If even my mom can say that the food was really good, and her friend said it was “the best lunch I’ve had”, then I think you can take it that Punjab Grill at Marina Bay Sands is good.
From the ambience to the service to the food, you will notice little touches that will leave you feeling like a Maharajah/Maharani who has dined really well!
Most foodies can happily rattle off Chicken Tikka Masala (ironically, born in Great Britain, not India!), Tandoori meats, Aloo Gobi (Potato and Cauliflower), Palak Paneer (Cheese and Spinach) when they think of North Indian cuisine but let’s dive a little deeper into the Northwestern frontier of India.
This is home of Punjab – land of warriors, as my hubby and I like to tease our Sikh friends. Okay, before I get accused of spreading misinformation:
- The “undivided” Northwest region is made up of a Pakistani Punjab and an Indian Punjab. It’s noted that Lahore is the provincial capital of Punjab while the state capital of Indian Punjab is Chandigarh. And Indian Punjab is recognized as a majority Sikh state.
- Why do we jokingly say that it’s the land of warriors? Well, traditionally, Sikhs adhere to the 5Ks – Kesh (uncut hair), Kara (a steel bracelet), Kanga (a wooden comb), Kaccha (cotton underwear) and Kirpan (steel sword). And it’s the last K that inspires the “warrior” thoughts in our heads – it symbolizes readiness to protect and defend against injustice and persecution.
By the way, Punjab also gave birth to a very popular dance style – Bhangra!
But back to the food. Actually, a lot of the North Indian food that we know of is derived from Punjab. This includes Tandoori, Naan, Paneer (cheese).
So it’s no surprise to see these items represented at Punjab Grill. What makes me rave about the restaurant though is the deft use of spices that results in a heady mix of flavours, sometimes subtle, sometimes robust. You might just be tempted to google spices as you eat to try and identify each element!
I love the selection of appetizers on the lunch menu ($45++ 3-course). There’s a sundried tomato and pickle paste marinated chicken tikka which unlike the popular orange-hued, creamy chicken tikka you find at most North Indian restaurants, shows off a subtle sour tinge thanks to the marinade.
A minced lamb meat ball stuffed with masala cheddar cheese, covered in a Kashmiri rogan sauce is so rich and decadent, I loved it.
Then it’s an indian-style fish (without the chips) with a crisp, mustard-oil fried batter, that envelopes the carrom seed flavoured fish. Carrom seeds brings me memories of my childhood. These seeds (same family as cumin, fennel) are often distilled to create “omum” water – which is often given to children who have tummy problems. Not to say adults can’t have it – it helps with flatulence and indigestion. Which probably explains why at the end of the very heavy lunch, none of us felt bloated or sick the way you do after over-eating.
Mains were delicious – along with a basket of fluffy garlic/butter naan and rice, we were served a coconut-creamy fish curry and a tandoor-grilled chicken in a masala that had just the right amount of spice and sweetness thanks to the caramelization of the onions used in the gravy.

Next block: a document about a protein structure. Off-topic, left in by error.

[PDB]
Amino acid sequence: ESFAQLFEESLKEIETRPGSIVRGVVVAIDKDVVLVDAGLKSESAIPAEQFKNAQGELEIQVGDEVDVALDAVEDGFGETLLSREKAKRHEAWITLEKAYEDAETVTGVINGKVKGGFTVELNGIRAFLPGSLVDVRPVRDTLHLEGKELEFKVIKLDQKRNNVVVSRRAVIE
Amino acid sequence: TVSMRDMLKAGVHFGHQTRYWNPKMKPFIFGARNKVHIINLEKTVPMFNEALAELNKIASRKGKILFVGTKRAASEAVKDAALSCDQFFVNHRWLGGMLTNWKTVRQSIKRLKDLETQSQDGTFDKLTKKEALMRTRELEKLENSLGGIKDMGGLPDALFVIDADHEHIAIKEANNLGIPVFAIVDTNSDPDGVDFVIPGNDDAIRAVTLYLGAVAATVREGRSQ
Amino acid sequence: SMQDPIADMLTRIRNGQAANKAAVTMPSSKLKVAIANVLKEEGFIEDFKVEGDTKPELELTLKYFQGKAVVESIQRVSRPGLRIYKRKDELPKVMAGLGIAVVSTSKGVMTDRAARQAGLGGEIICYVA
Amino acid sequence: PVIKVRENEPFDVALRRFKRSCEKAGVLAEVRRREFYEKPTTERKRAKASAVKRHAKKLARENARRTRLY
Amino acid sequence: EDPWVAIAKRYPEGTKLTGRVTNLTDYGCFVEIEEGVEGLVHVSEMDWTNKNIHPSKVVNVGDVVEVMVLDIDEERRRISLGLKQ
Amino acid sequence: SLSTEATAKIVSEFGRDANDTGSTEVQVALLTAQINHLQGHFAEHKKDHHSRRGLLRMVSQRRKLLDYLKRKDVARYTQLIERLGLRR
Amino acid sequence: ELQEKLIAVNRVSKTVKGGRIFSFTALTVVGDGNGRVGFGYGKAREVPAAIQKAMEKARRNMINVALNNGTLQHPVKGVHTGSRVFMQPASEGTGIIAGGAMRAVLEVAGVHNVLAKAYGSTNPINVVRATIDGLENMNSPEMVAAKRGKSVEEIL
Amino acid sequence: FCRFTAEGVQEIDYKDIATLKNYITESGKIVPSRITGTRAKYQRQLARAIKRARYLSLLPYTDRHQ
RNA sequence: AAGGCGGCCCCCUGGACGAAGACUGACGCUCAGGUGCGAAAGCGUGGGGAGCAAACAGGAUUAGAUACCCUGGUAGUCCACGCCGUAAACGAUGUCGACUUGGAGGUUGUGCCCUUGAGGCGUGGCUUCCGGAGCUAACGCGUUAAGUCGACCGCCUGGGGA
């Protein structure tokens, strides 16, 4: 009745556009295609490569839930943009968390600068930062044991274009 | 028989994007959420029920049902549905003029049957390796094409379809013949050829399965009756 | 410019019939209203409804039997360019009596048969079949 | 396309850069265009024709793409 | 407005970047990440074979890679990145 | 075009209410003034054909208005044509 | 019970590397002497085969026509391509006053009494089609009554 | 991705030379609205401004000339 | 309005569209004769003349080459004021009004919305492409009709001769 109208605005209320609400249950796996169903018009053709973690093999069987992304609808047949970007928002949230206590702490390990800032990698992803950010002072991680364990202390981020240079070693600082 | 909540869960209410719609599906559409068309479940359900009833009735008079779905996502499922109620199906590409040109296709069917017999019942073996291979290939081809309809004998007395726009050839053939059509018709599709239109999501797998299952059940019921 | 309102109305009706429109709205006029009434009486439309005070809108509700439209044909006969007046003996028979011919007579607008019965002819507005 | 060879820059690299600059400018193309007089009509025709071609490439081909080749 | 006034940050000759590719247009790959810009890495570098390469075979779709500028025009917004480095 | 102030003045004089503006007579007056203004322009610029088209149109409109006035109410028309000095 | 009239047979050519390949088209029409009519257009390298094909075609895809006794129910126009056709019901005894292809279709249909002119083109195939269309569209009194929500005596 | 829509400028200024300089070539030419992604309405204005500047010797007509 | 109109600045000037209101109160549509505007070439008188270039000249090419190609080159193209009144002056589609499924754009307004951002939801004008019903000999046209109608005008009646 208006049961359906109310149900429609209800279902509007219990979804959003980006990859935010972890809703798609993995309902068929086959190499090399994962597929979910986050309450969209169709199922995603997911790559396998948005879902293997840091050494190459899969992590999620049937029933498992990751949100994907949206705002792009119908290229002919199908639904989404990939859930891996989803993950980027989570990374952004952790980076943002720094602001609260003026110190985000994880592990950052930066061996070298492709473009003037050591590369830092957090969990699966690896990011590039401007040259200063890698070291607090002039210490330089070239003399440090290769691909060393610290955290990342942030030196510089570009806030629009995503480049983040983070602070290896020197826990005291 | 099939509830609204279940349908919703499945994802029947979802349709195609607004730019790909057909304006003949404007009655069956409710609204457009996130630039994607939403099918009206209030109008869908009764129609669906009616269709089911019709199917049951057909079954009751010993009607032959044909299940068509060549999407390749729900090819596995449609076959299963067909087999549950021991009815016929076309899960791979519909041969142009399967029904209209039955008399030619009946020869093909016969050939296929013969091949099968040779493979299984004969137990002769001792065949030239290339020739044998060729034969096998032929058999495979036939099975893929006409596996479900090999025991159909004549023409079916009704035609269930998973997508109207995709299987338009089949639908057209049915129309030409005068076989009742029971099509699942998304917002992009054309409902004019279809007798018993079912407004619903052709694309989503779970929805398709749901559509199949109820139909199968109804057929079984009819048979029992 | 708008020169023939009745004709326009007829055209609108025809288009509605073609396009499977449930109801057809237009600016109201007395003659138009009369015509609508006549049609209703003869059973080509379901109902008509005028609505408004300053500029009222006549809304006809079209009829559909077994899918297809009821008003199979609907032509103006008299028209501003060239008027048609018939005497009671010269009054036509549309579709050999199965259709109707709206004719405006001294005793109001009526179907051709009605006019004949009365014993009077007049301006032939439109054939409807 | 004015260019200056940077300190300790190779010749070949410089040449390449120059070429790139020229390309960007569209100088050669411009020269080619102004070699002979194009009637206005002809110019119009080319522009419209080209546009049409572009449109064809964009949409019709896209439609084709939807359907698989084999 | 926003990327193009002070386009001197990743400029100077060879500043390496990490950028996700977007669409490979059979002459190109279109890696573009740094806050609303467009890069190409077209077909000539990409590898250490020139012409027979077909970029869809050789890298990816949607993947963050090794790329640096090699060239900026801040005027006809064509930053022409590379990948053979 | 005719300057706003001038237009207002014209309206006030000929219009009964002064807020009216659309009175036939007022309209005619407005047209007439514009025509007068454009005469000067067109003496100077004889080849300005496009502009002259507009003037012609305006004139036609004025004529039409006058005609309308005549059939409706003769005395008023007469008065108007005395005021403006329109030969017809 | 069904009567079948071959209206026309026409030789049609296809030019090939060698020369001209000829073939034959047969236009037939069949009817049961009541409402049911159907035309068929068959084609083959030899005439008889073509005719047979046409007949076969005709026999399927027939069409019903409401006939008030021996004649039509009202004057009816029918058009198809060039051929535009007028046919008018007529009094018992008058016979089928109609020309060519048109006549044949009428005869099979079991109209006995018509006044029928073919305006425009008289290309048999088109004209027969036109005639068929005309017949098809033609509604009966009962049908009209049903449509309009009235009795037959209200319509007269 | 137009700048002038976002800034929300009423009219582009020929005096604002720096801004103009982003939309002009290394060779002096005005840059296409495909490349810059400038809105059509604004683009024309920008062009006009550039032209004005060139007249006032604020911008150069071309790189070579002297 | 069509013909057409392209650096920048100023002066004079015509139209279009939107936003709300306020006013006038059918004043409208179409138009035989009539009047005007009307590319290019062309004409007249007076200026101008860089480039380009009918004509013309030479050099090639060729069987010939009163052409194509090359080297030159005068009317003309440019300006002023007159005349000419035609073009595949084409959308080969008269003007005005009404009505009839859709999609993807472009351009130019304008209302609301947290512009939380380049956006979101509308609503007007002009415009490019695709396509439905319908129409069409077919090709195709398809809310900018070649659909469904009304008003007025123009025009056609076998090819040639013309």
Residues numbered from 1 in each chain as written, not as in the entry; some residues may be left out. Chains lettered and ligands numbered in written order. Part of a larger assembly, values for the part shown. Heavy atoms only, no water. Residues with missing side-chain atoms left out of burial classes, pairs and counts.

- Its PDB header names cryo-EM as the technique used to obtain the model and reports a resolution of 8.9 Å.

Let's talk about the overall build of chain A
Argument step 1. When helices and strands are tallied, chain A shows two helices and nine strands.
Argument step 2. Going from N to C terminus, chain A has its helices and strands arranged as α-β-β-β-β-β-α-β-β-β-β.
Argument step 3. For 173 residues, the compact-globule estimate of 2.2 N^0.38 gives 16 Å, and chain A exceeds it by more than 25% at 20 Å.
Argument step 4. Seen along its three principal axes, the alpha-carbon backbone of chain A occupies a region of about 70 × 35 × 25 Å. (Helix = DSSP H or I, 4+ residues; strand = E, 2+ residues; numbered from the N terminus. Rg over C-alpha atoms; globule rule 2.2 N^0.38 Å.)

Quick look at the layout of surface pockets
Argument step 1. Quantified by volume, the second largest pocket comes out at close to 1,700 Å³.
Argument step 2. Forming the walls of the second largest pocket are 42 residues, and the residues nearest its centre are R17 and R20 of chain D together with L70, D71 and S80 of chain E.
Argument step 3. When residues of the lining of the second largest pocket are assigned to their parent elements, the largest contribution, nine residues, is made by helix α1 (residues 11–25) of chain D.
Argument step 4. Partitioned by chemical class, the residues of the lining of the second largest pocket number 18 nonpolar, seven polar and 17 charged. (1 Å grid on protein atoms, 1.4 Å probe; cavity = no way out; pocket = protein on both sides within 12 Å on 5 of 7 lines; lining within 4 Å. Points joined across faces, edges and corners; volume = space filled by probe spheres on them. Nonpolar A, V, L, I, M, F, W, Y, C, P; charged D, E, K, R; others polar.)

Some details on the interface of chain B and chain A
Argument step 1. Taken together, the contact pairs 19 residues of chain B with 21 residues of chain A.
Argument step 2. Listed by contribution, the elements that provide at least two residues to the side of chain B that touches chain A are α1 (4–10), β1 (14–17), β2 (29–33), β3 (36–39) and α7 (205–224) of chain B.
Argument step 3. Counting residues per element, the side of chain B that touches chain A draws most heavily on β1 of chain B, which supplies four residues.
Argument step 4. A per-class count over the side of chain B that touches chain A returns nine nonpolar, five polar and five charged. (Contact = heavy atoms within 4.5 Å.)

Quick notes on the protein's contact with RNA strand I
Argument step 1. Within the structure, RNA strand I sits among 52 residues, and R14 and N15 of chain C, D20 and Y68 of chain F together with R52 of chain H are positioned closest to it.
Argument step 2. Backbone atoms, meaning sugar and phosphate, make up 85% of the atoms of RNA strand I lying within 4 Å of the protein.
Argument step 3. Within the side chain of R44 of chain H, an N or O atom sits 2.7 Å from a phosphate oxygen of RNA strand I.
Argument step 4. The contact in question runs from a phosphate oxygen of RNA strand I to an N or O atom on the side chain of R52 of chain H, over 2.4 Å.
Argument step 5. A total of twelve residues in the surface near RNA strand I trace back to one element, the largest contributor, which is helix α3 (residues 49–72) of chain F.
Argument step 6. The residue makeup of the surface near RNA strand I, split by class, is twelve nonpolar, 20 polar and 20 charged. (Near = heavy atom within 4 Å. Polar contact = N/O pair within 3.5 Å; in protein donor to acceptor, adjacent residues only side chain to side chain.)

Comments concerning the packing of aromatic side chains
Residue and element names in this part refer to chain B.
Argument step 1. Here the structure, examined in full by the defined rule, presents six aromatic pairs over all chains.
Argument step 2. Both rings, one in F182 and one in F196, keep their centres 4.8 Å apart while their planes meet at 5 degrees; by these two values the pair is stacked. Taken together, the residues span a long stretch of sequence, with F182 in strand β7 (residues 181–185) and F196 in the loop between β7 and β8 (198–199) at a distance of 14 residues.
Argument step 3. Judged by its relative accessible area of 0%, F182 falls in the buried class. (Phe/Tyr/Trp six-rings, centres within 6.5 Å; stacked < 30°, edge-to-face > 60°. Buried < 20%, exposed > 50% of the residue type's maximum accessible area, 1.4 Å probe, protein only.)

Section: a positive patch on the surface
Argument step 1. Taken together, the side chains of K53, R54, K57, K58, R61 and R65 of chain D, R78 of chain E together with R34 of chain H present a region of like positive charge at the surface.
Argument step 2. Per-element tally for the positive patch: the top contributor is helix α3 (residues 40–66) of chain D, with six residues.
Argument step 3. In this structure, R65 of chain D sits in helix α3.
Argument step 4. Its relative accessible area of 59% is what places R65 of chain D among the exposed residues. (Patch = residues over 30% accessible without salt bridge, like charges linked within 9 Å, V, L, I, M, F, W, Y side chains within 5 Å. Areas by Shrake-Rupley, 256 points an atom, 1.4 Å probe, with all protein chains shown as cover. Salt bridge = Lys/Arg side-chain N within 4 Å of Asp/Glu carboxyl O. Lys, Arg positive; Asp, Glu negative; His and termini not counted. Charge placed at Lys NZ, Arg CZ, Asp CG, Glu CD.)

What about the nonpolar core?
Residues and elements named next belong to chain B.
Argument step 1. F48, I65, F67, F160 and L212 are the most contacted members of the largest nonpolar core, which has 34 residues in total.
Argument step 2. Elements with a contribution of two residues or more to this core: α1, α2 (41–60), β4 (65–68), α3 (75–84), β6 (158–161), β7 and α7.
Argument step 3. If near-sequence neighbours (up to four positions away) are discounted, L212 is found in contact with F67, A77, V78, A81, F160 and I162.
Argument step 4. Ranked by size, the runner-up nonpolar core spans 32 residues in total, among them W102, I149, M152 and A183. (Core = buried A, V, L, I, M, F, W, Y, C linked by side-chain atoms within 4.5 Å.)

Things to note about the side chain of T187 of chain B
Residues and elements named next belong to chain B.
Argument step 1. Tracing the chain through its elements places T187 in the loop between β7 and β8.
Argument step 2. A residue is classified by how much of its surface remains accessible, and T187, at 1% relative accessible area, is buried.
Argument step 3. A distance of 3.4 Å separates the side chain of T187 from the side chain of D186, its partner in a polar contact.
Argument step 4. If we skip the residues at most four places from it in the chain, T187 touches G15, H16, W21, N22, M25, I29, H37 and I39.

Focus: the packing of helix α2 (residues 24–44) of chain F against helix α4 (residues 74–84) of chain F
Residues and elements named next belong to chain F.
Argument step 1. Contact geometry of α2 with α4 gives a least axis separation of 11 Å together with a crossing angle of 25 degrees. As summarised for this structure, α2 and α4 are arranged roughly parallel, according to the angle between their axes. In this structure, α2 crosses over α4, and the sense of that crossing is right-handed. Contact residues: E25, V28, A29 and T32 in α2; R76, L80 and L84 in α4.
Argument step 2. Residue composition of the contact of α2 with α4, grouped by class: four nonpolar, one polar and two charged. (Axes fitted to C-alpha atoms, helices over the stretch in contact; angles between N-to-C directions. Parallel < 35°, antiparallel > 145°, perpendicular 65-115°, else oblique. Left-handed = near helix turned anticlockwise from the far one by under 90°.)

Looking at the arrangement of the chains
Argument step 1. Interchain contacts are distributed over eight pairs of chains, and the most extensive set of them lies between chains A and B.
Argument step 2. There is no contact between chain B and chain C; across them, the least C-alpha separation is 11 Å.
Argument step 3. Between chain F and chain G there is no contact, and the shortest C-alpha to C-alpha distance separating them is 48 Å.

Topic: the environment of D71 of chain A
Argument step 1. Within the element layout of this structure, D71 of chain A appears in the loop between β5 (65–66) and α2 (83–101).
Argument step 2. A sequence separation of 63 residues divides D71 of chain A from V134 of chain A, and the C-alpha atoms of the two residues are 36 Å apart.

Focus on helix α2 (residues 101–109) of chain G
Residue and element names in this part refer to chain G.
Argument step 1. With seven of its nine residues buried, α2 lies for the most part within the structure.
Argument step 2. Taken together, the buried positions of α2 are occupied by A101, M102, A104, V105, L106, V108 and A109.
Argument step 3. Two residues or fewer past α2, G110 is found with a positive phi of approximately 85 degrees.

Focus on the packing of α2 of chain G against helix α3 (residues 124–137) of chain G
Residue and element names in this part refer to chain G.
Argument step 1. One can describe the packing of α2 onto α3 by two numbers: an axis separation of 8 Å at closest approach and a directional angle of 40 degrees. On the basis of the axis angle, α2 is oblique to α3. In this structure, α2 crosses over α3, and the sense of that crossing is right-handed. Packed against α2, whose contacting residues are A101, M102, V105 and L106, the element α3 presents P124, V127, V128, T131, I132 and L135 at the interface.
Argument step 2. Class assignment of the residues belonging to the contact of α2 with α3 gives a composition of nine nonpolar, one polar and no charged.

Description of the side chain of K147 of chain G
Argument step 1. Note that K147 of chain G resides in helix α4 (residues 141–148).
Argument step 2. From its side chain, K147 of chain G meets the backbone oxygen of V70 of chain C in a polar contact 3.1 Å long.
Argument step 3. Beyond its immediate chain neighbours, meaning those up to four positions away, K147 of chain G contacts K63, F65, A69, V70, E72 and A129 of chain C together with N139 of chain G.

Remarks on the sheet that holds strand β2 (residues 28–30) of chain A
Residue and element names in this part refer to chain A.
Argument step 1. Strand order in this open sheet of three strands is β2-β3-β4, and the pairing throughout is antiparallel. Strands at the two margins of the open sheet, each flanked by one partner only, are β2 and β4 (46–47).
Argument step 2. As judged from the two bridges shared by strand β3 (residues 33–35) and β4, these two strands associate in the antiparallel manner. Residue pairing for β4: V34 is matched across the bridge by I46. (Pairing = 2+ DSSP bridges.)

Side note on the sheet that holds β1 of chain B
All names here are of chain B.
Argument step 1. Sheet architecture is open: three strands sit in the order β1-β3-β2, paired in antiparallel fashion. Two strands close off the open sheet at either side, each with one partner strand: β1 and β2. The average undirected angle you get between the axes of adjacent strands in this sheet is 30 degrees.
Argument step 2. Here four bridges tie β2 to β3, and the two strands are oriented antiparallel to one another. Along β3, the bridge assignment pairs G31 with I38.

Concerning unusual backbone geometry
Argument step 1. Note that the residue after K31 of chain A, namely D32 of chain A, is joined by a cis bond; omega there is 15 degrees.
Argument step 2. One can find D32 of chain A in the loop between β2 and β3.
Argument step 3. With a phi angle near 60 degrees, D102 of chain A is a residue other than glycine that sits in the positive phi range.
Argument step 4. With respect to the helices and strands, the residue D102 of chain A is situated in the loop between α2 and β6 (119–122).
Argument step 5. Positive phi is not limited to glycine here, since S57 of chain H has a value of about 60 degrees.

Dal (lentil-based dish) is not one of my favourites, but the one here? Oh yum! The roasted garlic and brown onion add such a lovely smoky taste to a dish that I normally consider rather bland.
By now, you should be almost bursting at the seams, well you would be if you kept munching on the papadum and accompanying delicious chutneys they give you, but take your time and get ready for dessert!
The selection changes, but on the day we were there, we had a gulab jamun, phirni and paan ice cream. Let’s start with the refreshing dessert – paan ice cream. Paan reminds me of indian movies where I see old, Indian men chewing the betel nut leaf and spitting them out with such ferocity that the pavement is dotted with red stains. None of that spitting here at Punjab Grill. The smooth ice cream is simultaneously refreshing and slightly aniseedy (paan is also recognized as a digestive and a breath freshener) and a good “palate cleanser” in preparation for the other sweeter desserts on hand.
Phirni – another familiar childhood dish. I remember my dad’s friend making pots of this ground rice, almond, milk, cardamom, saffron and sugar pudding and although from a young age, I had never been a fan of Indian (or Asian desserts, for that matter), I didn’t mind this that much. Well, we ate it probably only once a year, so that helped. Still, as an adult, understanding much more about the gentle balance of spices, I can appreciate this not-too-sweet and smooth version at Punjab Grill.
Finally, Gulab Jamun. If you do visit Punjab Grill, and you’re faced with the same selection, or basically, if there’s a gulab jamun in front of you, eat that last or you will not be able to taste the sweetness of the other dishes!
Literally translated to mean Rose (Gulab) Berries (Jamun), these milk and flour dumplings are usually fried in ghee and then soaked in a sweet, rose-scented sugar syrup for about 1-2 hours, hence making them uber-indulgent and very sweet. The trick is to just eat the balls, and not slurp the sugar syrup with it. Unless you love sugar, then go ahead with the sugar syrup slurping!
So, for all the above and for being treated like a king/queen, I’d definitely say the $45++ tag is a steal!
Address: B1-01A, The Shoppes at Marina Bay Sands, South Podium, 2 Bayfront Avenue, Singapore 018972
Contact: 66887395 or Info@punjabgrill.com.sg
Lunch: 11:30 AM to 3:00 PM
Dinner: 6:30 PM to 11:00 PM